In keeping with the MCA’s commitment to access, inclusion, and equity, the museum’s Board, staff, and volunteers endeavor to extend an authentic welcome to our building, exhibitions, programs, and information at all times and to all visitors. This includes visitors with disabilities, that is: people with mobility problems, vision impairment, hearing impairment, and cognitive disabilities, whether temporary or permanent.
The Americans with Disabilities Act, a civil rights law passed in 1990, guided the museum’s accessibility work for many years. Until recently, the museum focused on two key aspects of the ADA guidelines: providing accommodations to employees and job applicants with disabilities, and ensuring that people with disabilities could access and navigate our physical facilities. In 2015, in response to a city-wide celebration of the 25th anniversary of the ADA, a group of museum staff began to think about how we might go beyond the mere letter of the law to do more for our most underserved visitors. That group, now the museum’s Accessibility Leadership Task Force, is a pan-institutional team with an interest in thinking creatively about how to encourage long-term engagement with disabled visitors.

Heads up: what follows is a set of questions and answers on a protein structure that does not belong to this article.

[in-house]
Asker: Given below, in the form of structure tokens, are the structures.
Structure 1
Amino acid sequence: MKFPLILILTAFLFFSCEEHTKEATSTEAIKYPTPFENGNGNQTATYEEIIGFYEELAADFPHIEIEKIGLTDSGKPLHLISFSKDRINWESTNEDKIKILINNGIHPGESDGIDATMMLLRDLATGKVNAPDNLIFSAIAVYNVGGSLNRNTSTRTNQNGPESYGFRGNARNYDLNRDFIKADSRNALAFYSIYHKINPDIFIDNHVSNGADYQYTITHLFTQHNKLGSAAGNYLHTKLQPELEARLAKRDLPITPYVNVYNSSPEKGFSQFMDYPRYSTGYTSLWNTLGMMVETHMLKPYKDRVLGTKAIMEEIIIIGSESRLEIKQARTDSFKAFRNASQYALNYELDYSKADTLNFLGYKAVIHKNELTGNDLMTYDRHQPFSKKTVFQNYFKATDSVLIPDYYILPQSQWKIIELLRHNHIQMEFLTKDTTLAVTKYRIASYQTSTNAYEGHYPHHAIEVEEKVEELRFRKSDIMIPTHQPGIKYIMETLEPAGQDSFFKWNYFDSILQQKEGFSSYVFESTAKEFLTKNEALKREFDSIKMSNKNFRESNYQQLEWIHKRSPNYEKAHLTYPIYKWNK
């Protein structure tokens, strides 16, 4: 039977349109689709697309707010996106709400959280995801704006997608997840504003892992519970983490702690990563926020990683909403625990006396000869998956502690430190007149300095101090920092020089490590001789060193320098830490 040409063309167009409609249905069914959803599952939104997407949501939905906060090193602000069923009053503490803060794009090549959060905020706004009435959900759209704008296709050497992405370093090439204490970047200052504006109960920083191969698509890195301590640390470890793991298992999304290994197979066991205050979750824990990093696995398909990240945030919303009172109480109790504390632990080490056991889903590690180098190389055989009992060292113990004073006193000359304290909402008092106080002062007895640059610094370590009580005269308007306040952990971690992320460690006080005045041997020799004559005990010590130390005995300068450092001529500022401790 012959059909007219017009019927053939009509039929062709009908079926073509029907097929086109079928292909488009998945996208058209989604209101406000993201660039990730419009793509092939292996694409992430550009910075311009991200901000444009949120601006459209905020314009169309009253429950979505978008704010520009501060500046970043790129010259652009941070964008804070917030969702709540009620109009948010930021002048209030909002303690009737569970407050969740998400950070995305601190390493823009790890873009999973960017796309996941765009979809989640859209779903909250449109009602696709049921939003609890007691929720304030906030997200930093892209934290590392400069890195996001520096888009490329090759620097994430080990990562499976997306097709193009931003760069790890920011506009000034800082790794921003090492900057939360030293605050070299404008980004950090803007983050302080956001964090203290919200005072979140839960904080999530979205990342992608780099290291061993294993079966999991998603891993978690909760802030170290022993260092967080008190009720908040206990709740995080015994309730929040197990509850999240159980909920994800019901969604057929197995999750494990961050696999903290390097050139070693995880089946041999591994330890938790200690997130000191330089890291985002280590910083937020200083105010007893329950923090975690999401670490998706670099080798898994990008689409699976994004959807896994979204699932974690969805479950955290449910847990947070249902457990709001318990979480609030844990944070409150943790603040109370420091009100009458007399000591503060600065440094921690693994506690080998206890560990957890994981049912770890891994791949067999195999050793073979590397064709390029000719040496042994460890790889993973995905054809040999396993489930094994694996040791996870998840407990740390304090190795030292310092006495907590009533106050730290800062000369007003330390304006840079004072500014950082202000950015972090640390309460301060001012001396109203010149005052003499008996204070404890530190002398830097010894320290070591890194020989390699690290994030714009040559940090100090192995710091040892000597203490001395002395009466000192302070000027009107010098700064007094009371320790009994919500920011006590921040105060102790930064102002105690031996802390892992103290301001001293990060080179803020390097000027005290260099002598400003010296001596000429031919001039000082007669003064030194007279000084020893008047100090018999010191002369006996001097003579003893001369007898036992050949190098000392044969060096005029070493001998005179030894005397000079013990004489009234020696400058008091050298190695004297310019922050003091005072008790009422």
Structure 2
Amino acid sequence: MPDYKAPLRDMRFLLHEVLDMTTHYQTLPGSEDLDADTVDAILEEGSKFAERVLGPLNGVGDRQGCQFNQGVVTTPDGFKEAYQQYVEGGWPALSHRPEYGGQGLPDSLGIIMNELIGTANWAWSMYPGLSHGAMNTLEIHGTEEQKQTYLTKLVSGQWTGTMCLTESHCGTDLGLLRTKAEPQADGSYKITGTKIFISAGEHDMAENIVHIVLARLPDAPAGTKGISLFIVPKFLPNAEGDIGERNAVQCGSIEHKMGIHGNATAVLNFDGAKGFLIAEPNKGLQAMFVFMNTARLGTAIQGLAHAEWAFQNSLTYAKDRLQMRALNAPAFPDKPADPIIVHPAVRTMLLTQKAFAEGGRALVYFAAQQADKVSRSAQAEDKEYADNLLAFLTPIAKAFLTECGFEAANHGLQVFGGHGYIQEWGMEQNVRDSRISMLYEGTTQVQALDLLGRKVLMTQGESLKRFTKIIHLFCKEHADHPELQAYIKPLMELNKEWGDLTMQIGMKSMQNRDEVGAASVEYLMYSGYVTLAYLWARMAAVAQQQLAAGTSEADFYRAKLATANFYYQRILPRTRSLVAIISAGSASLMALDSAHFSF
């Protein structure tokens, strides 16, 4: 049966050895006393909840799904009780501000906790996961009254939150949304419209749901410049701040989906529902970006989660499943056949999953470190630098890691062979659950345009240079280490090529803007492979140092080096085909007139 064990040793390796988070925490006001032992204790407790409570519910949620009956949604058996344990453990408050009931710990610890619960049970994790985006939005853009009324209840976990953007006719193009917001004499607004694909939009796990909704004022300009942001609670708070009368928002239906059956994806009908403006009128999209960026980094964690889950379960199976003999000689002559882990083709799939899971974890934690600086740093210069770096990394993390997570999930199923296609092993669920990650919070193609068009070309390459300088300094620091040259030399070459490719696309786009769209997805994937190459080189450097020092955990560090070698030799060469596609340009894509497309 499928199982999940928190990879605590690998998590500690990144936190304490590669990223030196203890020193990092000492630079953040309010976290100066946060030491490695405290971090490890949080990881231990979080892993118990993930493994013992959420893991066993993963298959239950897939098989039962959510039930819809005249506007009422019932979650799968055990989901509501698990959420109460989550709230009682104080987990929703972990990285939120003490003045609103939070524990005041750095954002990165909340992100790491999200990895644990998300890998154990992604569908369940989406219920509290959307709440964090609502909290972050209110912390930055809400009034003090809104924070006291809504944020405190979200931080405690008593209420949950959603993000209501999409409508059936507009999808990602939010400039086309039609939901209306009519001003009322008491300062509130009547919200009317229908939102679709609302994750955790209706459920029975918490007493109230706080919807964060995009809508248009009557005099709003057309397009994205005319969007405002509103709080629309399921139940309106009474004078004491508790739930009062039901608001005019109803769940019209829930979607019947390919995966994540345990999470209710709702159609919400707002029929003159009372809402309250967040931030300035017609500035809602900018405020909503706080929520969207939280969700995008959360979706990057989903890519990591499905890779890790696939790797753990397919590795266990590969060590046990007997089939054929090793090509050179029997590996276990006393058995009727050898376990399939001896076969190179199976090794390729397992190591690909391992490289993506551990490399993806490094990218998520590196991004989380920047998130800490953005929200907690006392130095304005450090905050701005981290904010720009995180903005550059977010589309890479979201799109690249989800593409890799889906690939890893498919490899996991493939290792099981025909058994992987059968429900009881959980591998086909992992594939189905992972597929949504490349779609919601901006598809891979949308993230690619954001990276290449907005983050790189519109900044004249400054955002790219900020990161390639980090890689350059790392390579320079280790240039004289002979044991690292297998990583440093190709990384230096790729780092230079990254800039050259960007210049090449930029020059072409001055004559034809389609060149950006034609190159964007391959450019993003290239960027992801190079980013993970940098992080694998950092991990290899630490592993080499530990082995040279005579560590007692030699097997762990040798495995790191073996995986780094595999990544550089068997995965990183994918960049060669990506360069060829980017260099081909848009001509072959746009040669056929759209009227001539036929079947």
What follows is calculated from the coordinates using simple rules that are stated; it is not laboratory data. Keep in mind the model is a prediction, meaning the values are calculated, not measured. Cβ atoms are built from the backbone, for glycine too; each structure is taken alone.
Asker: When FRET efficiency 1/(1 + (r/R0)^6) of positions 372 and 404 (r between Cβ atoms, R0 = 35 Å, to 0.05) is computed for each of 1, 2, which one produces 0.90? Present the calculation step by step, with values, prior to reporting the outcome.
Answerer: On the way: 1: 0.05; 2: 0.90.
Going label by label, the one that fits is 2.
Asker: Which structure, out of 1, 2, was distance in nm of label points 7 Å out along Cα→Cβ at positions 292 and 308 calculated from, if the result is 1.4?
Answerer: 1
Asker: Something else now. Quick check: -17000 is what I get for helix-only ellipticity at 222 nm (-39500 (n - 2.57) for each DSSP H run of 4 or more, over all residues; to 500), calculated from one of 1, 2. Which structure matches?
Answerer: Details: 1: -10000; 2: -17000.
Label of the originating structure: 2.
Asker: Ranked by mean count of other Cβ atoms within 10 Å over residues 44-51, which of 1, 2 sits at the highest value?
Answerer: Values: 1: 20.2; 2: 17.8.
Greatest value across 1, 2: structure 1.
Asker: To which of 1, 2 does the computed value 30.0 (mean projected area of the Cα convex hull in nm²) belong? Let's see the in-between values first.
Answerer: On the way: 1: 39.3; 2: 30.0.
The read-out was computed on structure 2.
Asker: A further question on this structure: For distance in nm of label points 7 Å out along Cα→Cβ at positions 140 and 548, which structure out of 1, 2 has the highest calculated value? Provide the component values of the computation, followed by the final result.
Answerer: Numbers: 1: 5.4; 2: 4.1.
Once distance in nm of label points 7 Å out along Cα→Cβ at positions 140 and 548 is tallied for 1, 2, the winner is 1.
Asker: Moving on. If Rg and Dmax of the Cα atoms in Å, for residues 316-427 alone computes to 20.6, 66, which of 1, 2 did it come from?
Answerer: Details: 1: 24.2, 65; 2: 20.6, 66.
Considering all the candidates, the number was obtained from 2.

To do so, we are studying our already-excellent accessible offerings and working to improve and expand them, to share information about them more broadly; and to make them more consistent, useful, and innovative. These programs include stage and gallery programs that feature ASL interpretation and open captioning; touch tours; staff trained to support visitors of all abilities; a website with best-in-class accessible features; and more. Our work has shown us that common assumptions about accessible programs and facilities—that they are expensive, and useful only for a limited audience—are not usually true. We believe that by crafting programs and spaces that serve the needs of the disability community, we are improving our offerings and our invitation to all visitors.
We still have a lot to learn from our visitors with disabilities and from others who are thinking about accessible practices, but we aspire to be leaders in the community in embracing tenets of universal design. Keeping accessibility and universal design principles in mind as we plan, decide, create, teach, fund, hire, train, communicate, and execute our programs and exhibitions will guide our staff, who—regardless of department or role—share the responsibility and privilege of making the MCA accessible to all.